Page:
“It’s more than just tying a camera to a rock,” said Koustubh Sharma, instructing conservationists in Kyrgyzstan how to monitor snow leopards with motion-triggered photo and video “traps.”
Sharma, a 36-year-old Indian zoologist, has studied the endangered cats in Mongolia’s Southern Gobi region since 2007. His presentation was part of a recent workshop in Bishkek, when Kyrgyz government officials and leading scientists met with representatives of several international non-governmental organizations (NGOs) to discuss coordinating efforts to count snow leopard populations in the country, and the wider region.
It is no easy task. Snow leopards have earned the moniker “the ghosts of the mountains” for a reason. The elusive cats live in remote regions, often at altitudes of 3,000 to 4,000 meters. They usually forage and hunt at night and their black-and-off-white coats serve as perfect camouflage in the snowy mountain landscape.
Their fur has also been a reason for the cats’ demise. Because of the high prices it earns on the black market, snow leopards have been poached mercilessly since Kyrgyzstan gained independence from the Soviet Union in 1991. The expansion of livestock breeding and infrastructure also has hastened the cats’ decline. Today, the International Union for the Conservation of Nature says snow leopards are endangered, facing a high risk of extinction in the near future.
The snow leopard is unique to the high mountains of inner Asia, including the Altai, Tian Shan, Pamir, Hindu Kush and Himalayan ranges. Up to 6,400 are thought to be left in the wild, including an estimated 300 in Kyrgyzstan.
Kuban Zhumabai uluu, head of the Seattle-based Snow Leopard Trust’s Bishkek branch, explains that counting them helps protect the cats: “This information allows us to identify the areas we need to focus on to conserve the snow leopard. To find out if there are snow leopards in a given region you can look for paw prints, scratchings, urine markings and feces,” he said.
Motion-sensing photo and video cameras – known as “camera traps” – offer a new tool to estimate population sizes. Zhumabai uluu and Sharma, who also works for the Snow Leopard Trust, recently installed 40 traps in the Sarychat-Ertash Nature Reserve in Issyk-Kul Province, one of the most-studied areas for snow leopards in Kyrgyzstan.
“The snow leopard’s coat pattern is unique, like a fingerprint. This allows us to distinguish individuals, provided that we can photograph them from both sides. For this reason, we install the cameras close to the cats’ scent-marking sites: Usually they sniff the rock and then turn around to urinate,” Sharma explained.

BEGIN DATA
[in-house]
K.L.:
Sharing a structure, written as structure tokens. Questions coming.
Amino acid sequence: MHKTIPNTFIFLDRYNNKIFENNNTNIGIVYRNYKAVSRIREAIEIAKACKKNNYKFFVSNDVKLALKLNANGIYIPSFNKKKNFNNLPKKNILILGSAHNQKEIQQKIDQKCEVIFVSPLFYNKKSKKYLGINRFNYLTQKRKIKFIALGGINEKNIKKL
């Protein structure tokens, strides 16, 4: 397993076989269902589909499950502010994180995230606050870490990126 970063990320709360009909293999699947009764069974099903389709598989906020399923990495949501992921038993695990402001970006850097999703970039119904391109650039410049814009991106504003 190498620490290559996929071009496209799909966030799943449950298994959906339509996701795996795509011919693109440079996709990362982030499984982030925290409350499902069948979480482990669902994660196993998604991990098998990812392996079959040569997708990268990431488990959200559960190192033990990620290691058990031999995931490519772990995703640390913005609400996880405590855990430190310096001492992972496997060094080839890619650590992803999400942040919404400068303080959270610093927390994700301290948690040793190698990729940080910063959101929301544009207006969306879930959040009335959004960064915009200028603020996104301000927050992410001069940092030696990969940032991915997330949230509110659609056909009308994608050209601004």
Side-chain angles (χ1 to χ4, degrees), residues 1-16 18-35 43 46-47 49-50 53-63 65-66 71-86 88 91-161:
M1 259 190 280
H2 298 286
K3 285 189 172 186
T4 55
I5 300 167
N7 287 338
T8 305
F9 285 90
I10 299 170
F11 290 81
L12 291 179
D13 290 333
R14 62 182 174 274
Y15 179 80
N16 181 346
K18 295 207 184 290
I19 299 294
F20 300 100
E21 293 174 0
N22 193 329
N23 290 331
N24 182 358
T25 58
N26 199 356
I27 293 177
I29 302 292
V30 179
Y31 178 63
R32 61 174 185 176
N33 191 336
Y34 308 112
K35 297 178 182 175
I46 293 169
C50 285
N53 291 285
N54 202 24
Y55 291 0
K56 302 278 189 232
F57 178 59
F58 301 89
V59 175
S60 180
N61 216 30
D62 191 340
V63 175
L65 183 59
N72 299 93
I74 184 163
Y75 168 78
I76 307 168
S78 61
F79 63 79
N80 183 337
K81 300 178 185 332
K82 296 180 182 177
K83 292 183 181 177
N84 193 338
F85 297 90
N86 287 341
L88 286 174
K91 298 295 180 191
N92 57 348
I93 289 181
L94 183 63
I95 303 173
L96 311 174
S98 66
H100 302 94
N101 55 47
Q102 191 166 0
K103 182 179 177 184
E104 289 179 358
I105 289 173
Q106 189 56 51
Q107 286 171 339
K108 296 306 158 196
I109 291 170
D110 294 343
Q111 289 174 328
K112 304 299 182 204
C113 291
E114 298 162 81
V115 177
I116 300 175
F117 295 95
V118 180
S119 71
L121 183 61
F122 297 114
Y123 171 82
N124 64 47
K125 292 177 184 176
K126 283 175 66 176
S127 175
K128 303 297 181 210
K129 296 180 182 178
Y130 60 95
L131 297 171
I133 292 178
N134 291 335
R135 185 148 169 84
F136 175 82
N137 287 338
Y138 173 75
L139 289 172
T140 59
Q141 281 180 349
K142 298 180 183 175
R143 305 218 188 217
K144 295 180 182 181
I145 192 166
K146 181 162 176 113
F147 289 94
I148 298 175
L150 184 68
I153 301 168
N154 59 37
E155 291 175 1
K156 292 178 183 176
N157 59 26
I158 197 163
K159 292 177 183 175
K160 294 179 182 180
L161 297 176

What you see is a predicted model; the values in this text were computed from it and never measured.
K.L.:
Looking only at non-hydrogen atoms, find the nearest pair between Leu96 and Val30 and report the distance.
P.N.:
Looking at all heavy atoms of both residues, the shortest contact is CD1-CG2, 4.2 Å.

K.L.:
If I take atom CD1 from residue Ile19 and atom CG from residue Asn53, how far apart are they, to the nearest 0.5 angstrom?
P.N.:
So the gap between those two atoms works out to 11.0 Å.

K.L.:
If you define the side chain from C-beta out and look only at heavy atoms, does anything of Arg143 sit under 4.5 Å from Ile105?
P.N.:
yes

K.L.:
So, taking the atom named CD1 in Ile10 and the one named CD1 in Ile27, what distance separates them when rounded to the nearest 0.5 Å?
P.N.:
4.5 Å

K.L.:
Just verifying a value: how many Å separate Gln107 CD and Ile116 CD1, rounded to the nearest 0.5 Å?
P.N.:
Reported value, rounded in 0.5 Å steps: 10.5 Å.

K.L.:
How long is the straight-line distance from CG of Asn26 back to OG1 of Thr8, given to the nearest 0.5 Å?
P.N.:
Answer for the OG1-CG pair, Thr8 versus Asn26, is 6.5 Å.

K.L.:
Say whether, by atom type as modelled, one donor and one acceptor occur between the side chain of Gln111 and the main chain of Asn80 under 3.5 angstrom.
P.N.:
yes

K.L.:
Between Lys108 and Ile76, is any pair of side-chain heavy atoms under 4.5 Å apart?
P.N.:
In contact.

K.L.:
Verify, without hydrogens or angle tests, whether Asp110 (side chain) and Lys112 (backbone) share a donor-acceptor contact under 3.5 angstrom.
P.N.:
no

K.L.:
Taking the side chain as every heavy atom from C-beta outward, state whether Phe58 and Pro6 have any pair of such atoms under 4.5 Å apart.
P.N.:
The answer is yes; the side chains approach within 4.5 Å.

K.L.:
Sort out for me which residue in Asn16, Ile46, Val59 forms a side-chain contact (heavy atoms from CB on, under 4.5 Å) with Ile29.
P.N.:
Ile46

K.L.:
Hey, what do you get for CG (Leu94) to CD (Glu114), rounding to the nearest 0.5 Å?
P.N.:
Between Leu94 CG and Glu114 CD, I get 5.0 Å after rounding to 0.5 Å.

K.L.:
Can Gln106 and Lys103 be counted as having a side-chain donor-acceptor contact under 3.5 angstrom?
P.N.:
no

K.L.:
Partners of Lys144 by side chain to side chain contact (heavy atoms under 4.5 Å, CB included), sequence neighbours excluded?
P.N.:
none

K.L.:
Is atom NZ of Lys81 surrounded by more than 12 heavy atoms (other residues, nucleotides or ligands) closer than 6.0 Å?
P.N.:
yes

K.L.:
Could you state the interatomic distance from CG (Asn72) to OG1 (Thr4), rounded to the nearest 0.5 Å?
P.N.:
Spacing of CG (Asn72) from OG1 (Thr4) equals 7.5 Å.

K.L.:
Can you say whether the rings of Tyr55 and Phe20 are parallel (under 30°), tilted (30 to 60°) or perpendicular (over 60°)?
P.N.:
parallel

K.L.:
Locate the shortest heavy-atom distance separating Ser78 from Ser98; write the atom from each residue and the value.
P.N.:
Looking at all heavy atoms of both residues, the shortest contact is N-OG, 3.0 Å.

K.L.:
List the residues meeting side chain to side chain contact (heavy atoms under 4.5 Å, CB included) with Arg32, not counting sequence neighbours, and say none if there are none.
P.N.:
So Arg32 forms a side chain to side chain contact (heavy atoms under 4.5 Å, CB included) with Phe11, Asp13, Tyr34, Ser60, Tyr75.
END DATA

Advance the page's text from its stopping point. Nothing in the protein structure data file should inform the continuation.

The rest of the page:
Coordination among conservation groups has been a problem to date. In addition to the Snow Leopard Trust, several NGOs started working with photo traps in Kyrgyzstan last year, including the German Nature and Biodiversity Conservation Union and the World Wide Fund for Nature. Each has developed its own trapping strategy, effectively reinventing the wheel, resulting in overlap. “At times, you could find three different cameras tied to the same rock,” Zhumabai uluu told EurasiaNet.org.
The March workshop, designed to coordinate monitoring, was a result of a World Bank-sponsored Global Snow Leopard Conservation Forum held in Bishkek last October, when 12 regional states – including China, India and Russia – acknowledged “the snow leopard is an irreplaceable symbol of our nations’ natural and cultural heritage.” They vowed, at the urging of Kyrgyz President Almazbek Atambayev, to coordinate their activities through a Bishkek office.
The countries also pledged financial support for the Global Snow Leopard Ecosystem Protection Program (GSLEP), which includes an initiative to engage local communities in efforts to combat poaching. The ultimate goal is to secure 20 healthy populations of snow leopards by the year 2020, each with at least 100 breeding-age cats and sufficient abundance of wild prey.
The whole project is slated to cost $190 million, with half the money coming from the international donor community and the other half from national governments. But it is unclear how impoverished countries like Kyrgyzstan and Tajikistan, which consistently fail to provide their residents with basic social services, are going to contribute financing.
Some conservationists see a white elephant in the GSLEP project and fear it may be driven too much by politics and vanity.
Tanya Rosen of Panthera, another US-based organization working for the protection of big cats, which also operates photo traps in Tajikistan and Kyrgyzstan, says several smaller cross-border projects would be more effective than this giant project. “We are worried that it will consume resources instead of creating them. The organization of infrastructure and meetings could detract funds from the actual conservation work,” Rosen told EurasiaNet.org.
Editor’s note: Adriane Lochner is a Bishkek-based writer.